Three promising advances in osteoarthritis research

Scientist, medical worker or tech in modern laboratory

Osteoarthritis is the most common form of arthritis, affecting close to five million Canadians. Common symptoms include joint pain, aching, morning stiffness, swelling, and reduced range of movement in the affected joints.

“While the disease generally progresses over time, research is bringing hope for people affected by the disease,” says Trish Barbato, president and CEO of the Arthritis Society.

Thanks to Canadian research funded by the Arthritis Society, there is good news on the horizon.

Researchers in Calgary are discovering a network of molecules in the blood that are linked to osteoarthritis. If they find a way to block one of the key molecules, it may be able to prevent cartilage damage and the progression of the disease.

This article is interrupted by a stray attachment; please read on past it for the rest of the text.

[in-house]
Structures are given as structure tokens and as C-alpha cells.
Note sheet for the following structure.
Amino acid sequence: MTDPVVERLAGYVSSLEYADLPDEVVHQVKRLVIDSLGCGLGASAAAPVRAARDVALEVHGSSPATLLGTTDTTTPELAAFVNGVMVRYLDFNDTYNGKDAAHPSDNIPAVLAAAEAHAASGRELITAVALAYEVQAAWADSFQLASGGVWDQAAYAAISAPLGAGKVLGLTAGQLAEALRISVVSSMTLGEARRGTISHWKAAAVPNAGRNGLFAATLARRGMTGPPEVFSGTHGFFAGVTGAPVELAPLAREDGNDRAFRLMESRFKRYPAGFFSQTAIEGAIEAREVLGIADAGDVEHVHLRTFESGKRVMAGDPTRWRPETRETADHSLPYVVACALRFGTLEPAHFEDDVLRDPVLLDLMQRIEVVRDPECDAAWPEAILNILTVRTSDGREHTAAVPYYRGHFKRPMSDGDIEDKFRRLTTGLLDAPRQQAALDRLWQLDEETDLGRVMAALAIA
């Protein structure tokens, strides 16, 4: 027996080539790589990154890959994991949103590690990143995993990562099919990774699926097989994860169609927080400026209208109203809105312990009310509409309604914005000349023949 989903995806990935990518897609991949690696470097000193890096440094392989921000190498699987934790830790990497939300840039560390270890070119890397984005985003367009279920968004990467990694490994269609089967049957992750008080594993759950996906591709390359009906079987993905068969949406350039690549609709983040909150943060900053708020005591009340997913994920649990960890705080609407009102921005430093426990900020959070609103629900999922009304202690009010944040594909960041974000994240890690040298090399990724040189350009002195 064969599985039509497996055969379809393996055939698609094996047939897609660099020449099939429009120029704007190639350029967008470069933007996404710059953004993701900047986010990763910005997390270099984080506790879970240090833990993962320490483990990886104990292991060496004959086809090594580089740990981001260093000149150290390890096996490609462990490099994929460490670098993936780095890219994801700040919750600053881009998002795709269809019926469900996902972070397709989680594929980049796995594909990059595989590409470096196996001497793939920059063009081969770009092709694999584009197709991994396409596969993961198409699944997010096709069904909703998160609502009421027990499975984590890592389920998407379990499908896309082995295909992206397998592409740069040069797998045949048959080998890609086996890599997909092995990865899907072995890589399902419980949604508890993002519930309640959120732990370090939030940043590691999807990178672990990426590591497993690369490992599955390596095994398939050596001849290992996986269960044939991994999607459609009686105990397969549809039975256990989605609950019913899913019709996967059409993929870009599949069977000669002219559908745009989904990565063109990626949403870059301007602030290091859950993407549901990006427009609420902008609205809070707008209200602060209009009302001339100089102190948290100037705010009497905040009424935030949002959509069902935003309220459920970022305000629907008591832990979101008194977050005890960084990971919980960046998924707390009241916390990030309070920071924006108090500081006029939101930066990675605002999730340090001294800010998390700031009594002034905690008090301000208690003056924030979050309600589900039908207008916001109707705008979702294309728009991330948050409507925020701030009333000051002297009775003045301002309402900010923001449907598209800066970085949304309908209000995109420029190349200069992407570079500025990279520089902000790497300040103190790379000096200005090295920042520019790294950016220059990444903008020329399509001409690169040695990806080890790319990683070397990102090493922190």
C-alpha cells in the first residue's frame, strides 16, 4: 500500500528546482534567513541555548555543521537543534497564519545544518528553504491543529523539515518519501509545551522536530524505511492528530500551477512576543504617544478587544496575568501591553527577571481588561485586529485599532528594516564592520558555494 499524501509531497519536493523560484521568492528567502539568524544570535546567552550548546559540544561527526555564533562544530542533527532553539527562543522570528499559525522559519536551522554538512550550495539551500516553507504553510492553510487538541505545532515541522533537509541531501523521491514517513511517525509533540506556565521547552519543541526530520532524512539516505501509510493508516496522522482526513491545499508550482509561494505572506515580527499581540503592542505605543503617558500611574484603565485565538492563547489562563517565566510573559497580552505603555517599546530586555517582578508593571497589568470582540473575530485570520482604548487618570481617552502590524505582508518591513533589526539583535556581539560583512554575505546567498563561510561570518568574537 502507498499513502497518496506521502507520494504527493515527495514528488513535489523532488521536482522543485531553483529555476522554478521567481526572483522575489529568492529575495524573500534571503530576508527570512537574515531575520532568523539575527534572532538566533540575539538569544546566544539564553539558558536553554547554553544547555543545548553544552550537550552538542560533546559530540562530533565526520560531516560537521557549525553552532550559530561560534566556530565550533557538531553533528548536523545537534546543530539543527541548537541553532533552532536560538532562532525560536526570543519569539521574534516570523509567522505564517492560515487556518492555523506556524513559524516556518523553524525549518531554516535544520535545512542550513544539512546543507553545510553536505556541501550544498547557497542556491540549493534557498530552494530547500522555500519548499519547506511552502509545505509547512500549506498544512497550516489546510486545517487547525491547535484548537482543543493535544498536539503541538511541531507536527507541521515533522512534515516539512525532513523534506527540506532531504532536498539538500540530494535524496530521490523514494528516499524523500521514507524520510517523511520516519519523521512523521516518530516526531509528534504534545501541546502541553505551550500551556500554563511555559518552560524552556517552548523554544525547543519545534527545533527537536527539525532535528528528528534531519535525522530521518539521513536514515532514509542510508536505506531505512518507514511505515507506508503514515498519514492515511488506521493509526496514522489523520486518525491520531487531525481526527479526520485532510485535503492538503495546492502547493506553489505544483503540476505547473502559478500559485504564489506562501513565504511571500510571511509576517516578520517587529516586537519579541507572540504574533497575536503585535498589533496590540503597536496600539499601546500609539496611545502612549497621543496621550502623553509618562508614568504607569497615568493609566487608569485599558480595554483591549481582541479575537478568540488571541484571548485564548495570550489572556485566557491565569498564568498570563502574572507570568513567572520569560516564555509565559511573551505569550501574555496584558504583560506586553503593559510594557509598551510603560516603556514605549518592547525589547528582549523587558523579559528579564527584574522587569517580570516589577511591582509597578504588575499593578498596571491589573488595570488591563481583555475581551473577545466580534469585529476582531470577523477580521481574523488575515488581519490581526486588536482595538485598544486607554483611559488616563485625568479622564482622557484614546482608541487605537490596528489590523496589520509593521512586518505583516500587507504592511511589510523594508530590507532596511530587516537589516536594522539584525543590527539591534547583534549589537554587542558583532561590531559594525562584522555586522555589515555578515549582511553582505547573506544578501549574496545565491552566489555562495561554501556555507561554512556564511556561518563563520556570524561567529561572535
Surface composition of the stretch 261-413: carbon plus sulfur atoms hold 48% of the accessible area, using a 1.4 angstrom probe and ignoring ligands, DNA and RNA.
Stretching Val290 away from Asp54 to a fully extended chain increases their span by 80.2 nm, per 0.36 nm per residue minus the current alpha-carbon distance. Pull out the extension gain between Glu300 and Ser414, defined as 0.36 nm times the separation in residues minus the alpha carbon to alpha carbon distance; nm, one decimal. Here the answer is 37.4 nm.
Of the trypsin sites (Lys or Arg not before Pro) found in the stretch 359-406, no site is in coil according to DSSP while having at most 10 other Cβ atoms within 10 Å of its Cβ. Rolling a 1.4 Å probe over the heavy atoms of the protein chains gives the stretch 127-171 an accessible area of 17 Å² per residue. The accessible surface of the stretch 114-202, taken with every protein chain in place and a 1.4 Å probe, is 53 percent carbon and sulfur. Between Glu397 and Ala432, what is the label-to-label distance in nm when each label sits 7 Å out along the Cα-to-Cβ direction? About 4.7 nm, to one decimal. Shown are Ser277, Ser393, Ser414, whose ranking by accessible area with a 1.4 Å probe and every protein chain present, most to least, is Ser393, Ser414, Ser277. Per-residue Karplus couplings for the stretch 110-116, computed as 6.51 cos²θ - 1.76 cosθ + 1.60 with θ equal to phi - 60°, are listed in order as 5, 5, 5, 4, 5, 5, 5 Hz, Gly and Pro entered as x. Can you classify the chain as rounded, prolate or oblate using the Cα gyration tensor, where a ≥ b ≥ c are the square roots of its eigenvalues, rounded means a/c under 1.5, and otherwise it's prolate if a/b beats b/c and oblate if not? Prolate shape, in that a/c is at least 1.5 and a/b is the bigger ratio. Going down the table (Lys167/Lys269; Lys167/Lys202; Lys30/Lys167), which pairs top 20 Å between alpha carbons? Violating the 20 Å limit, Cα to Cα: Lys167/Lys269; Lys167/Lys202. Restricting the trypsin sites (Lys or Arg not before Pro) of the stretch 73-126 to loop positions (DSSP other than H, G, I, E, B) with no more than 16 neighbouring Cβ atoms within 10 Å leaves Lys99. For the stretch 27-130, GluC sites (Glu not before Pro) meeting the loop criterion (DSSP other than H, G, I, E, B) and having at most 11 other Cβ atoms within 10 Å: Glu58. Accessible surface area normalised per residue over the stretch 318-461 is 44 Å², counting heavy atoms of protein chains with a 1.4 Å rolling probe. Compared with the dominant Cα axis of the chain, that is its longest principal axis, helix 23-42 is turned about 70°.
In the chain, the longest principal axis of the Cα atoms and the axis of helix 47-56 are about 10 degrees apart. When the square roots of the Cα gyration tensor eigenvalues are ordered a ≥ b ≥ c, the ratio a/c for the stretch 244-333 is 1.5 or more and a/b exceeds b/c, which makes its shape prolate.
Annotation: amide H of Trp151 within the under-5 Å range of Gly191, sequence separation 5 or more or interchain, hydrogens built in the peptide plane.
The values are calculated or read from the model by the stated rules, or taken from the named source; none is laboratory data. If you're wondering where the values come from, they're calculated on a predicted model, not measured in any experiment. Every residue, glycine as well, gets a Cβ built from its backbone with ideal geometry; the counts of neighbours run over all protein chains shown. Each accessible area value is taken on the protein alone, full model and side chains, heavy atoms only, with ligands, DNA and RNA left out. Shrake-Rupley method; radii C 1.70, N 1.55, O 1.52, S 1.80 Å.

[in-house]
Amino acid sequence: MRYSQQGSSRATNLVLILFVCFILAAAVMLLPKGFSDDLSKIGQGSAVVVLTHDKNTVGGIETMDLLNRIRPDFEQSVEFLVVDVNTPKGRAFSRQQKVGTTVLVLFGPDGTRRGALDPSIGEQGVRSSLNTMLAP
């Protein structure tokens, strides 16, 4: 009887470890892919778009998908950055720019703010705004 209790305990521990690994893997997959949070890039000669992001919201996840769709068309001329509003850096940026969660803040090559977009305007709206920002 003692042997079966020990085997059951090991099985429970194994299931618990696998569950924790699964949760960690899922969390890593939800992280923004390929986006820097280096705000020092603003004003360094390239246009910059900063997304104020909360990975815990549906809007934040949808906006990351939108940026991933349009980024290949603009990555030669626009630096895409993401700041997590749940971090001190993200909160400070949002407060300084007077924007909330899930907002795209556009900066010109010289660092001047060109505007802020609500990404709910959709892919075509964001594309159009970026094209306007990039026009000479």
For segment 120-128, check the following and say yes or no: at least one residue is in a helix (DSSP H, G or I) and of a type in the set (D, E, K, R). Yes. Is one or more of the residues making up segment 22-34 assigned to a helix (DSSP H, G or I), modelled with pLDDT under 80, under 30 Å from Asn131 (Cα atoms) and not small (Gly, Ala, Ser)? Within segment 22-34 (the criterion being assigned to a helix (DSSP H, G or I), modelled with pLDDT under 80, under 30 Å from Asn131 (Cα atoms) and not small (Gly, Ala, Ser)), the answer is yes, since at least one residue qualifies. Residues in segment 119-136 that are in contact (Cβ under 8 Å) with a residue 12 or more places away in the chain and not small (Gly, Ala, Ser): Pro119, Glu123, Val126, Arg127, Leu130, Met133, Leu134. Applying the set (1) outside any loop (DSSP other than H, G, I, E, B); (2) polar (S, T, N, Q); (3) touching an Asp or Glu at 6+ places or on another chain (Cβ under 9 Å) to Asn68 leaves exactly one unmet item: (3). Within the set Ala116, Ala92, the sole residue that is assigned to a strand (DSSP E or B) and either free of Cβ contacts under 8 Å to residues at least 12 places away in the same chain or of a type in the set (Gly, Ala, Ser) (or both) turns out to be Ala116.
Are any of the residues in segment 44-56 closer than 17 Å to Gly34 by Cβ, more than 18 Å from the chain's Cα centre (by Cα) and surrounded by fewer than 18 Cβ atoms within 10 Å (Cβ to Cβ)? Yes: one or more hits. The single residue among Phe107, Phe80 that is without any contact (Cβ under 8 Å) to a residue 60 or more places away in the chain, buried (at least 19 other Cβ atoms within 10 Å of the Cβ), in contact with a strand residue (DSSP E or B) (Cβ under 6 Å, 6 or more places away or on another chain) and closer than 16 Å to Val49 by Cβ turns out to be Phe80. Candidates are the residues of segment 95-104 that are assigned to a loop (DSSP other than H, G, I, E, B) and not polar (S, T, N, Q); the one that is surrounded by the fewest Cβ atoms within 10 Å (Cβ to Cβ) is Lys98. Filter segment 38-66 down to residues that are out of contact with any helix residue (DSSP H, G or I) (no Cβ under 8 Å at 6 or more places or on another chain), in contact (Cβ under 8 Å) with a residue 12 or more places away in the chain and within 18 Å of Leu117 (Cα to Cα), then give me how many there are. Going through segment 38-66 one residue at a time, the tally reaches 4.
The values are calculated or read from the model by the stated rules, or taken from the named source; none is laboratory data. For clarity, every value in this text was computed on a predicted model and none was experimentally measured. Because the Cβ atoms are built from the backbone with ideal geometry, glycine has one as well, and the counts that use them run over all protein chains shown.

Osteoarthritis drugs that circulate through the whole body often have undesirable side effects. Researchers in London are developing a way to convert an anti-inflammatory drug into tiny particles and inject it straight into a joint, minimizing the side effects and maximizing the benefits.

A research team in Toronto has launched a clinical trial injecting cells from a patient’s bone marrow directly into their knee to reduce inflammation and pain. This could be a game-changer for the safe delivery of life-altering medication.

Source –